Top Benefits of Vitamin K

Top Benefits of Vitamin K

Apr 15, 2023 Alex Brecher

Vitamin K does not always get as much attention as some other vitamins and minerals, but it is just as essential to life and optimal health. Deficiency can lead to excessive bleeding. If you need additional vitamin K, the PatchAid Vitamin D3 Patch with K2 is an easy-to-use supplement.* Ask your healthcare provider if you may be low in vitamin K and whether the patch may be right for you.

What Is Vitamin K?

Vitamin K is one of the fat-soluble vitamins, along with vitamins A, D, and E. It is named for its role in blood clotting; the “K” in vitamin K comes from the German word, “koagulation,” for coagulation. Vitamin K can be in the form of K1, or phylloquinone, K2, or menaquinone, or K3, or menadione. 

Even though it’s fat-soluble, your body does not store much vitamin K. Instead, it helps maintain enough in the body by recycling it. 

Vitamin K and Blood Clotting

Vitamin K may be best known for its role in blood clotting. Too much blood clotting is bad, such as clots that cause a stroke or heart attack, but blood clotting is essential for life. Think about it like this. When you bruise or cut yourself, you eventually stop bleeding naturally. That’s because your blood clots itself. Vitamin K has essential roles in the reactions that lead to blood clotting.

Vitamin K and Bones

Vitamin K is also essential for healthy bones. Specifically, vitamin K is a necessary part of reactions that create proteins such as osteocalcin. Osteocalcin allows your body to create and deposit bone mineral, which includes minerals such as calcium and magnesium. 

Sources of Vitamin K

Vitamins K1 and K2 are found naturally in some food sources. Vitamin K3 is synthetic and only available in some supplements. These are some food sources of vitamin K. 

  • Mustard and collard greens
  • Broccoli and spinach
  • Berries and canned pumpkin
  • Olive and canola oil
  • Hard cheese, such as cheddar and swiss
  • Butter and yogurt
  • Eggs and egg yolks
  • Beef, pork, and chicken
  • Fermented foods, such as kimchi, natto, and sauerkraut.

Signs of Deficiency and Risk Factors

You may not know you are low in vitamin K, but you may have some symptoms. A clue may be if you notice excessive bleeding when you hurt yourself. Instead of having just a minor cut or bruise, it may be bigger than you expect. It is also possible to have very heavy menstrual cycles or to see blood in your stools due to excessive bleeding.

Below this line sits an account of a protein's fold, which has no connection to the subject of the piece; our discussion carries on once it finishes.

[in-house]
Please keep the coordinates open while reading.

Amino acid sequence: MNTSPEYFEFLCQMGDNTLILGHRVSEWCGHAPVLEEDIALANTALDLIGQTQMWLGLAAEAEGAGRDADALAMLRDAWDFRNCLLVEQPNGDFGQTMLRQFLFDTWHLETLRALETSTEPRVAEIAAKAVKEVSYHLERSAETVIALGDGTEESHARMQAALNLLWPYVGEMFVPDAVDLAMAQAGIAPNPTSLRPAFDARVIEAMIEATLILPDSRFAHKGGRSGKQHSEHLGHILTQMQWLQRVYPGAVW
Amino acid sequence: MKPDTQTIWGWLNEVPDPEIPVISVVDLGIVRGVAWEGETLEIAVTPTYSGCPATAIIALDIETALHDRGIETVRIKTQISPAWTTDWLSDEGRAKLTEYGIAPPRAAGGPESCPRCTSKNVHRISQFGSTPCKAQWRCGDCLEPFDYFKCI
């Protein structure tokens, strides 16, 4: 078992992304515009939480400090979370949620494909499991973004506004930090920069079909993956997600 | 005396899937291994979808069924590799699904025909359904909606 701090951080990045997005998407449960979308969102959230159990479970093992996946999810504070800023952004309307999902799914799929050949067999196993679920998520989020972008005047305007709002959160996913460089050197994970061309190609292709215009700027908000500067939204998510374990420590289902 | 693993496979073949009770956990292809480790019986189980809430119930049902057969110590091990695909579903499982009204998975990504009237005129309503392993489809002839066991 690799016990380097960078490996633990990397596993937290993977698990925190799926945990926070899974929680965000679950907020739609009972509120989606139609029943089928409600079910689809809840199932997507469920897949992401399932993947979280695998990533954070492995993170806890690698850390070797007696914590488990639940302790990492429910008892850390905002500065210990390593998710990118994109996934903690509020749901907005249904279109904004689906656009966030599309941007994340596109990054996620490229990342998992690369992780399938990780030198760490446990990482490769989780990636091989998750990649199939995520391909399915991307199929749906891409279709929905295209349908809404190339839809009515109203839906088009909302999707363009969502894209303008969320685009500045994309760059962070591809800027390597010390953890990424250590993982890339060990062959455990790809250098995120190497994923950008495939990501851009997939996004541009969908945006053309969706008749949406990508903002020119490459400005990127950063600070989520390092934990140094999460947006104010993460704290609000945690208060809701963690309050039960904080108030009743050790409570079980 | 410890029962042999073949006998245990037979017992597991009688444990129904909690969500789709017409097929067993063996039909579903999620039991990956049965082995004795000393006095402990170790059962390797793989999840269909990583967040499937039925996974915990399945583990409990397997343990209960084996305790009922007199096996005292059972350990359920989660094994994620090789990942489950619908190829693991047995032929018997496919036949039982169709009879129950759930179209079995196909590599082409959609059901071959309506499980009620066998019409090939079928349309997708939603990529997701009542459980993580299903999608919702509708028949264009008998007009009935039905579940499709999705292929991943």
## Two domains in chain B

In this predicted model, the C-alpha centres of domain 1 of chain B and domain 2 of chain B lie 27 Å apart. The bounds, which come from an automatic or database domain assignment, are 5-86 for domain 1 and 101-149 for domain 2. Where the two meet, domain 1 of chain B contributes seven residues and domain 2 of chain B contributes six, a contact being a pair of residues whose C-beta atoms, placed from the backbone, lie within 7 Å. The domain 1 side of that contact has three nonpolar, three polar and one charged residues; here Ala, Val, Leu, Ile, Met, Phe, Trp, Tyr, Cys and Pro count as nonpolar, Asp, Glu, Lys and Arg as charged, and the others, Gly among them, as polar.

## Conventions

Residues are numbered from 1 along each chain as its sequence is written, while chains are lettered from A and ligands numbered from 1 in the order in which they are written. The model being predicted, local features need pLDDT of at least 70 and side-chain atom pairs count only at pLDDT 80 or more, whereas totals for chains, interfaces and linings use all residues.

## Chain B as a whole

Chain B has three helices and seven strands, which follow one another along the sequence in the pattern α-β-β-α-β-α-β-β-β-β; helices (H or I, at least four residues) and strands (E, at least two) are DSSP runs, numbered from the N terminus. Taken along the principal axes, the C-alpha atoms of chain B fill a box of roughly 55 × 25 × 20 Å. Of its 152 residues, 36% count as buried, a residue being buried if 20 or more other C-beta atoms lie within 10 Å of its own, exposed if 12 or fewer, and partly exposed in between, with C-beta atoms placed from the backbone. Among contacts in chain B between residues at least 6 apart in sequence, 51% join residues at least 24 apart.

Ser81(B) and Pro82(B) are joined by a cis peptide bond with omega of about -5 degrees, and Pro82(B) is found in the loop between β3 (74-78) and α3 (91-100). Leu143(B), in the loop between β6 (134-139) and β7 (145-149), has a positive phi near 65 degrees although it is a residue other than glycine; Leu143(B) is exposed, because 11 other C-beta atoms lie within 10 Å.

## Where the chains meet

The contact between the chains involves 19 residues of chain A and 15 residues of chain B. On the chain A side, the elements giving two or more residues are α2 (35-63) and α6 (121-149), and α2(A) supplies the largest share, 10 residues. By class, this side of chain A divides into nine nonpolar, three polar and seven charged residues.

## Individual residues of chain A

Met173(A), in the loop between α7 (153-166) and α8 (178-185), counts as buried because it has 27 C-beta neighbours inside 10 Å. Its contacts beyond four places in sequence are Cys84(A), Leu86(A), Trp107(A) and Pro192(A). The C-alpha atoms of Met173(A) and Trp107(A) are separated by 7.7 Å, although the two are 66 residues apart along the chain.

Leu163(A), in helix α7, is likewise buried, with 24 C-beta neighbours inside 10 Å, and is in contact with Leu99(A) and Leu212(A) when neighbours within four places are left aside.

You may be at higher risk for vitamin K deficiency if you have a fat malabsorption disorder, since vitamin K is a fat-soluble vitamin. Bariatric surgery patients can be at risk for vitamin K deficiency, as can people with IBD or celiac disease. In addition, taking high amounts of vitamin A or vitamin E as supplements can impair vitamin K status. Finally, a variety of medications interact with vitamin K, and can alter your vitamin K levels.

Testing Vitamin K Levels

Do you need vitamin K? How would you know? It is rare for a person to get a direct assessment of vitamin K levels. Instead, if your provider thinks that you may be low in vitamin K, you may get a test for clotting. The lab will draw your blood and measure how long your blood takes to clot. Taking longer than normal may be a sign that your vitamin K levels are low.

Topical Patch for Vitamin K

The Vitamin D3 with K2 Vitamin Patch is a vitamin K supplement that is an alternative to taking oral pills. Instead of needing to swallow capsules or liquids, or chew tablets, you can stick a patch onto your skin. The nutrients are absorbed transdermally without any need to go through the digestive process. 

The Vitamin D3 with K2 Vitamin Patch has vitamin K in the form of K2, or menaquinone, which has not been found to be risky at high levels.* The patch has 290 mcg of K2. It also has the following nutrients.

  • 5300 IU of vitamin D in the form of D3, which is the active form
  • 300 mg of magnesium
  • 105 mg of calcium

Vitamin D3, calcium, and magnesium are all important in bone health, just like vitamin K. Calcium and magnesium are minerals in bone, and vitamin D3 allows your body to use them properly. These nutrients are also important in immune function, heart health, and nerve and muscle function.*

The Vitamin D3 with K2 Vitamin Patch:

  • May support strong bones.*
  • May support heart, brain, breast, and colon health.*
  • May promote healthy insulin-producing pancreatic cells.*
  • May support healthy energy regulation.*
  • May promote immune system function.

It is easy to use PatchAid Patches. Clean and dry an area of skin that is smooth and preferably hairless. Apply the patch after removing the backing. Leave it on for up to 8 hours while you sleep or go about your usual daily routine. The patch is okay while showering or exercising, too. After 8 hours, remove the patch and discard it. Repeat with a new patch the next day.

The Vitamin D3 with K2 Vitamin Patch is available in a 30-day or 3-month, 6-month, or 12-month supply. PatchAid patches are designed to be safe when using up to 8 patches at once. Just ask your healthcare provider about the best choices for you.

Insufficient vitamin K can put your bones at risk, and lead to bleeding and risk for cardiovascular conditions. The PatchAid Vitamin D3 Patch with K2 is easy to use and high in this vitamin, along with vitamin D and calcium. Ask your healthcare provider if it may be right for you, and always contact your healthcare provider about any health concerns and before taking any nutritional supplements. 

*The Food and Drug Administration has not evaluated these statements. PatchAid products are not intended to diagnose, treat, cure or prevent any disease. Anyone with a medical condition should seek the advice of a licensed medical practitioner. Individual results may vary.

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